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Rap on Trial: How An Aspiring Musician's Words Led To Prison Time

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Olutosin Oduwole at his home in New Jersey.
Shankar Vedantam , NPR
Olutosin Oduwole at his home in New Jersey.

Olutosin Oduwole was in his dorm room at Southern Illinois University when police knocked on his door one day in 2007. They were there to arrest him.

"In my mind I'm thinking, 'Okay, maybe a warrant for a ticket.' I really didn't know what was going on," he says.

What was going on was that the police suspected that Olutosin, a college student and aspiring rapper, was on the brink of committing a Virginia Tech-style mass shooting on his campus. He was soon charged with attempting to make a terrorist threat, and was eventually convicted and sent to prison.

That conviction was later overturned by an appeals court, but to prosecutors, the case remains a clear example of a tragedy averted. To Tosin and his supporters, however, his prosecution was a fool's errand — an example of bias in how people perceive rappers and rap music.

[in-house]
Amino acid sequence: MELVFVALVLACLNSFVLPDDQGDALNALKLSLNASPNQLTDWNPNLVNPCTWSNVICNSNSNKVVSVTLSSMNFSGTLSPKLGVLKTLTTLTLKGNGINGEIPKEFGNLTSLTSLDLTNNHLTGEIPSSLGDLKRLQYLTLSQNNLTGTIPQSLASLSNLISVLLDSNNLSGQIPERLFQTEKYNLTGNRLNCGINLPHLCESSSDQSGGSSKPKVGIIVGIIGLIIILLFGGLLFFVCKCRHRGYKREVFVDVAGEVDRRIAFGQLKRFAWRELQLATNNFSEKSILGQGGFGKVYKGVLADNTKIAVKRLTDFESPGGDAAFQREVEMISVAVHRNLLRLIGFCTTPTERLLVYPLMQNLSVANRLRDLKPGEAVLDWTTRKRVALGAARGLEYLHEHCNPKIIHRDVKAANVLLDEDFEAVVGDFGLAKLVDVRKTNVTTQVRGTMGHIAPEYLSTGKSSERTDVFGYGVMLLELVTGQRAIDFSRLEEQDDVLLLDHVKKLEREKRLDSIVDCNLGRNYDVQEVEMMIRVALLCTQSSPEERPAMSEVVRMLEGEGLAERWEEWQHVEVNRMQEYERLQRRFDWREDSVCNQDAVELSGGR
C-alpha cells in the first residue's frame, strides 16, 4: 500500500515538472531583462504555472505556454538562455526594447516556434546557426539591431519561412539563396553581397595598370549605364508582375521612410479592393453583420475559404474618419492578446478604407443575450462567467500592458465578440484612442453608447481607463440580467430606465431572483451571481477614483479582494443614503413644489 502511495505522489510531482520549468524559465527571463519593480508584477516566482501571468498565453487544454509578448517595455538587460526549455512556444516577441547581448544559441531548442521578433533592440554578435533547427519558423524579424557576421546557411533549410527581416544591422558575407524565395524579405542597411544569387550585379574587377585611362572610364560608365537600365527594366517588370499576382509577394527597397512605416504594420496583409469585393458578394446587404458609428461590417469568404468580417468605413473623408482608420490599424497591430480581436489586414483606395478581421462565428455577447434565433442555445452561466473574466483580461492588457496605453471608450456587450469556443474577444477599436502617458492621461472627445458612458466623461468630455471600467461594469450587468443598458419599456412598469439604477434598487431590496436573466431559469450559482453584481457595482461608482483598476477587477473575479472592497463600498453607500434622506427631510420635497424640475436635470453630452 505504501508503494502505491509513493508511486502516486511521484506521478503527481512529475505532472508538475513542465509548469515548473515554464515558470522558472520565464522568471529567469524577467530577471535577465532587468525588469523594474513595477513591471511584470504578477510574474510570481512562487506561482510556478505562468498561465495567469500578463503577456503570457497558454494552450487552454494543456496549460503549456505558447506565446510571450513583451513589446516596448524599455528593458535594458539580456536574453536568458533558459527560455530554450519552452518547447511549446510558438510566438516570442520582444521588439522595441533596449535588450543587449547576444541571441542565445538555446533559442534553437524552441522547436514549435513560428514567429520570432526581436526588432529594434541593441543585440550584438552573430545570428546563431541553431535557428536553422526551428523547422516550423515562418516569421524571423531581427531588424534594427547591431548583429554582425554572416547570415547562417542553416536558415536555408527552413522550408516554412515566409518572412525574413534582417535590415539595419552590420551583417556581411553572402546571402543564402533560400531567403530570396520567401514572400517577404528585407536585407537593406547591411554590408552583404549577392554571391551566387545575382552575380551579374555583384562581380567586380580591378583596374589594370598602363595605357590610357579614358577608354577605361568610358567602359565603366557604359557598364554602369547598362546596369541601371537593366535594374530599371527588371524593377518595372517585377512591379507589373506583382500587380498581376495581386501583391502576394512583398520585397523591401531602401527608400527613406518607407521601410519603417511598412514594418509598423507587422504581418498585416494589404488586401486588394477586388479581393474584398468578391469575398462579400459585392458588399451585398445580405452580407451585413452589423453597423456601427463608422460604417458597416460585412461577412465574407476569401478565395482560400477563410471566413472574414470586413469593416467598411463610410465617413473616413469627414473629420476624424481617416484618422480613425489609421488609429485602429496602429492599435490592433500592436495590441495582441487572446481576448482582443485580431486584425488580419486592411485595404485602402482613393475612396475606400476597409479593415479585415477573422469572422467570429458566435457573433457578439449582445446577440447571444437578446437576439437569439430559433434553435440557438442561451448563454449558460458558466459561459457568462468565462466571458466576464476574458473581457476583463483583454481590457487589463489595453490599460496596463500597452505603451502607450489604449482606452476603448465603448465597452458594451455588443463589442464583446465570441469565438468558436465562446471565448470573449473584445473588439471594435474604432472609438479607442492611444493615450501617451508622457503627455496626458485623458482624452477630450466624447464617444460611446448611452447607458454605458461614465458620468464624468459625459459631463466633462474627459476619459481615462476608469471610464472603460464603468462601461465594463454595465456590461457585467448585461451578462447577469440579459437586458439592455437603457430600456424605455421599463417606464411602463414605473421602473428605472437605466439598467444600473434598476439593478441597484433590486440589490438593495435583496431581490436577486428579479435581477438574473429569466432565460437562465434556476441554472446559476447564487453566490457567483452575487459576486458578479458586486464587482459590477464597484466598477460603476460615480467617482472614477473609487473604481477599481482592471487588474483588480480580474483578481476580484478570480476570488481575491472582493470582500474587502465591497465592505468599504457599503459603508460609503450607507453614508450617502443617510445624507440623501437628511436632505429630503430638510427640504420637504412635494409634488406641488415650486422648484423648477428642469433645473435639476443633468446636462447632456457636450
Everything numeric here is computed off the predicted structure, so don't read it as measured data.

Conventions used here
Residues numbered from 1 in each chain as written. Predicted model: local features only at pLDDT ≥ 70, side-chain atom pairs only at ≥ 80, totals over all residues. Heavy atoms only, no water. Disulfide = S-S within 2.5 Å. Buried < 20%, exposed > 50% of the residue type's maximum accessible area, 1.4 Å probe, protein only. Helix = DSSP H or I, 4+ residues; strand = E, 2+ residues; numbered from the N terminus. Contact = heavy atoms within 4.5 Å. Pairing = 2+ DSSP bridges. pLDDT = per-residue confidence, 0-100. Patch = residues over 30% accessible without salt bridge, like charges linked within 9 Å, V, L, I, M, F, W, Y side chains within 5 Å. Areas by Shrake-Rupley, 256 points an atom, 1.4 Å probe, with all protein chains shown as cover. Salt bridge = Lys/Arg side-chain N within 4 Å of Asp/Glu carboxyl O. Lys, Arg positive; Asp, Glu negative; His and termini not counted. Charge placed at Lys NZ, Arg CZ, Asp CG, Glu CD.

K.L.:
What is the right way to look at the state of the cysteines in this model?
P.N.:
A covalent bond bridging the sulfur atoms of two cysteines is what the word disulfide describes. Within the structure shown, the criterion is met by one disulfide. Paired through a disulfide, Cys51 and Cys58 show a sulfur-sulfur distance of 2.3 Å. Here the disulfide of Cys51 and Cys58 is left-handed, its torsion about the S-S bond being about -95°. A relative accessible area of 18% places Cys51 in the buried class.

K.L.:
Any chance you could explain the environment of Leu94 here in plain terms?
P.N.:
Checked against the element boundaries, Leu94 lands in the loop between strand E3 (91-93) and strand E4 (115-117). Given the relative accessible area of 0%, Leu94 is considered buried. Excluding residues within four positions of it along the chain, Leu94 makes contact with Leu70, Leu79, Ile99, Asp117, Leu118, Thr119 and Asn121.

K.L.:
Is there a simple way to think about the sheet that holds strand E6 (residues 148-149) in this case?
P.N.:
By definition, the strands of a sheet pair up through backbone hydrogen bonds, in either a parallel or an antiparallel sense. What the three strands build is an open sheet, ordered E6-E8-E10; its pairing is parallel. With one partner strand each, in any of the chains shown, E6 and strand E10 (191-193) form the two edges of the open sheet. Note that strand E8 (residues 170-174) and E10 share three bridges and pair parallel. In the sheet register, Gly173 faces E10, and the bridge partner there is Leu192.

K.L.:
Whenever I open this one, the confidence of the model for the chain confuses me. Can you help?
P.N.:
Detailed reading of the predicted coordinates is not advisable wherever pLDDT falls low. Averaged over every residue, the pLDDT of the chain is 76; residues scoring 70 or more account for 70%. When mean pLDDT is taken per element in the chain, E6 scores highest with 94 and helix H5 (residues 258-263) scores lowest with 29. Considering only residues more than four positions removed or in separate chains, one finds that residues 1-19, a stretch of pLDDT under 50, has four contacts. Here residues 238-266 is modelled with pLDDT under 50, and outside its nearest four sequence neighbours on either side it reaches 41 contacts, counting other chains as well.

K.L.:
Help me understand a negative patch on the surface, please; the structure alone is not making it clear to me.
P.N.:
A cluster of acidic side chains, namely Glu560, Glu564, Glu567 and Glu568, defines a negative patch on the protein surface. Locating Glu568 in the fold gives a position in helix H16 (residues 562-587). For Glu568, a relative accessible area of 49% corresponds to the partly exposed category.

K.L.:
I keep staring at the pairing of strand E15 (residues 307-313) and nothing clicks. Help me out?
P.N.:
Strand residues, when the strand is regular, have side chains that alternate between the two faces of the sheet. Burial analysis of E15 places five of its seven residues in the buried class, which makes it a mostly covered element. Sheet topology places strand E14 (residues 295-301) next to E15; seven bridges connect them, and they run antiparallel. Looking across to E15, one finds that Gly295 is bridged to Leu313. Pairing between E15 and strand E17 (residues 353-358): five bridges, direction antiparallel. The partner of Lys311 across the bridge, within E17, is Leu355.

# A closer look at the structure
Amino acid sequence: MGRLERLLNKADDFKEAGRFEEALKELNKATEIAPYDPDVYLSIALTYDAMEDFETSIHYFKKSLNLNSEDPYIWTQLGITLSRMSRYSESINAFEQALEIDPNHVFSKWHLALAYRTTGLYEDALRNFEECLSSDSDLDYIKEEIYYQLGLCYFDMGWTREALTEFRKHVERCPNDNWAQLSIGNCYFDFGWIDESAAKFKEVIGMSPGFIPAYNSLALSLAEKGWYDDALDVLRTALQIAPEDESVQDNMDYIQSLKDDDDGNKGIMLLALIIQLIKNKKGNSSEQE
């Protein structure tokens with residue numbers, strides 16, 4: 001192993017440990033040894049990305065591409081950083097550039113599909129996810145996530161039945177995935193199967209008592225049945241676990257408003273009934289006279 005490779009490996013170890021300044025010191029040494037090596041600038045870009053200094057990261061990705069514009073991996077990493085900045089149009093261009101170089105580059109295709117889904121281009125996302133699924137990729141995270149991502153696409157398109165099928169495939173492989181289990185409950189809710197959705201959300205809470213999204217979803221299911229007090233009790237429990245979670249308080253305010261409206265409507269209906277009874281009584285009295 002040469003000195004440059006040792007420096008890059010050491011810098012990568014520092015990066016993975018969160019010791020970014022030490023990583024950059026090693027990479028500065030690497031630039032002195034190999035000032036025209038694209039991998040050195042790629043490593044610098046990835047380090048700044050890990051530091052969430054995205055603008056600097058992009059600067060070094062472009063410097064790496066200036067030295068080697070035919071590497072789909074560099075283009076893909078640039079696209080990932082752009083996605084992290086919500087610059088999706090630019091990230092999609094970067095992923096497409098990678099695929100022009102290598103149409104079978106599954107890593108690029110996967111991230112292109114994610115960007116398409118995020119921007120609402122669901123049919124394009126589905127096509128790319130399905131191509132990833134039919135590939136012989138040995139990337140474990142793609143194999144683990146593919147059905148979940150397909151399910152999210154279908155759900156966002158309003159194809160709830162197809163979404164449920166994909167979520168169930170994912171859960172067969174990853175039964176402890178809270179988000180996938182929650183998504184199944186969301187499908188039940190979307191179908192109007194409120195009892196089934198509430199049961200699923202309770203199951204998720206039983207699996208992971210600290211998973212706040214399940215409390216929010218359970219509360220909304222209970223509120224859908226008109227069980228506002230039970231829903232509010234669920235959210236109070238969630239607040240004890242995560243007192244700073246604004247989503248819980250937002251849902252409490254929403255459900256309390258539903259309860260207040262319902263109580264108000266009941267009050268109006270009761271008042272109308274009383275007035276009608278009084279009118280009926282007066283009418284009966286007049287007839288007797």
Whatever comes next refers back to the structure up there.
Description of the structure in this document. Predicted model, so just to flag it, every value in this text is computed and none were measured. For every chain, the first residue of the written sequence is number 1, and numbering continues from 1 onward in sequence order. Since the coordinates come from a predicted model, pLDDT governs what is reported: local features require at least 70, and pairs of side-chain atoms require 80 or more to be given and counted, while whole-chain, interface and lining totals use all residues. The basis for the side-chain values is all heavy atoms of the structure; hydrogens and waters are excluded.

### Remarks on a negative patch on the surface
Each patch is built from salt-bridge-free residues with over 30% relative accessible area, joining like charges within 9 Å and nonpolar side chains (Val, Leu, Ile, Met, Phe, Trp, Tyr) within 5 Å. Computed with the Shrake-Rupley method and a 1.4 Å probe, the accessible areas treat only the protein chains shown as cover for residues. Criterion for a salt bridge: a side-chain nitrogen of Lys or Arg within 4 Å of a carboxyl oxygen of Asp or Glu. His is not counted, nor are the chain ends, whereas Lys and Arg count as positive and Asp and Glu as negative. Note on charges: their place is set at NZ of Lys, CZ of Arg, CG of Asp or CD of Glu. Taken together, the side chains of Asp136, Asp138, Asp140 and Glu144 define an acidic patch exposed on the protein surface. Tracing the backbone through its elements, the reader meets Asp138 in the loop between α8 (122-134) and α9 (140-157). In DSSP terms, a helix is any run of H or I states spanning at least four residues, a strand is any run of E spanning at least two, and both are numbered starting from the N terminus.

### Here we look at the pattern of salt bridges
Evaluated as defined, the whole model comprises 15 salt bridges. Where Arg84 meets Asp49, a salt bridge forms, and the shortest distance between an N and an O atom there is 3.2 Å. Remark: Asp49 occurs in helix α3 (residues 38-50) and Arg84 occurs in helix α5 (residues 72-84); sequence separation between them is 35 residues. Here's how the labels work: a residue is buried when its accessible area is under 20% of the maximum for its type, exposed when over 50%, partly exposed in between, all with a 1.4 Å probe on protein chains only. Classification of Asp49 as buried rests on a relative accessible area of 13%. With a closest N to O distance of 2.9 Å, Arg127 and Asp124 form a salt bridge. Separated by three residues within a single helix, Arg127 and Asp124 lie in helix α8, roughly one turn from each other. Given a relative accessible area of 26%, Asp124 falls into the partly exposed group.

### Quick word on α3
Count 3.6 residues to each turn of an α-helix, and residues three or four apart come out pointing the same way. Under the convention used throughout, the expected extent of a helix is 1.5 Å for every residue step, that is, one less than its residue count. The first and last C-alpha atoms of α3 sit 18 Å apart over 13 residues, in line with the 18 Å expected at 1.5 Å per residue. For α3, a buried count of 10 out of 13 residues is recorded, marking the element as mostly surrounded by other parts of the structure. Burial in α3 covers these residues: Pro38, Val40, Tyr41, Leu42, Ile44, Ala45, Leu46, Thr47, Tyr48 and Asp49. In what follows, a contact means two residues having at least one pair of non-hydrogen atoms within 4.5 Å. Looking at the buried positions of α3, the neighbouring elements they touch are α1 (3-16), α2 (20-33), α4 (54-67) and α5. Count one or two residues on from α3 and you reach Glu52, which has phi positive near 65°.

This week on Hidden Brain, we'll meet Olutosin and explore his case from all sides. We'll also consider what one criminologist sees as a troubling rise in prosecutions that use rap lyrics to bolster claims that a defendant is violent.

The Hidden Brain Podcast is hosted by Shankar Vedantam and produced by Maggie Penman, Jennifer Schmidt, Renee Klahr, Rhaina Cohen, and Parth Shah. Our supervising producer is Tara Boyle. You can also follow us on Twitter @hiddenbrain, and listen for Hidden Brain stories each week on your local public radio station.

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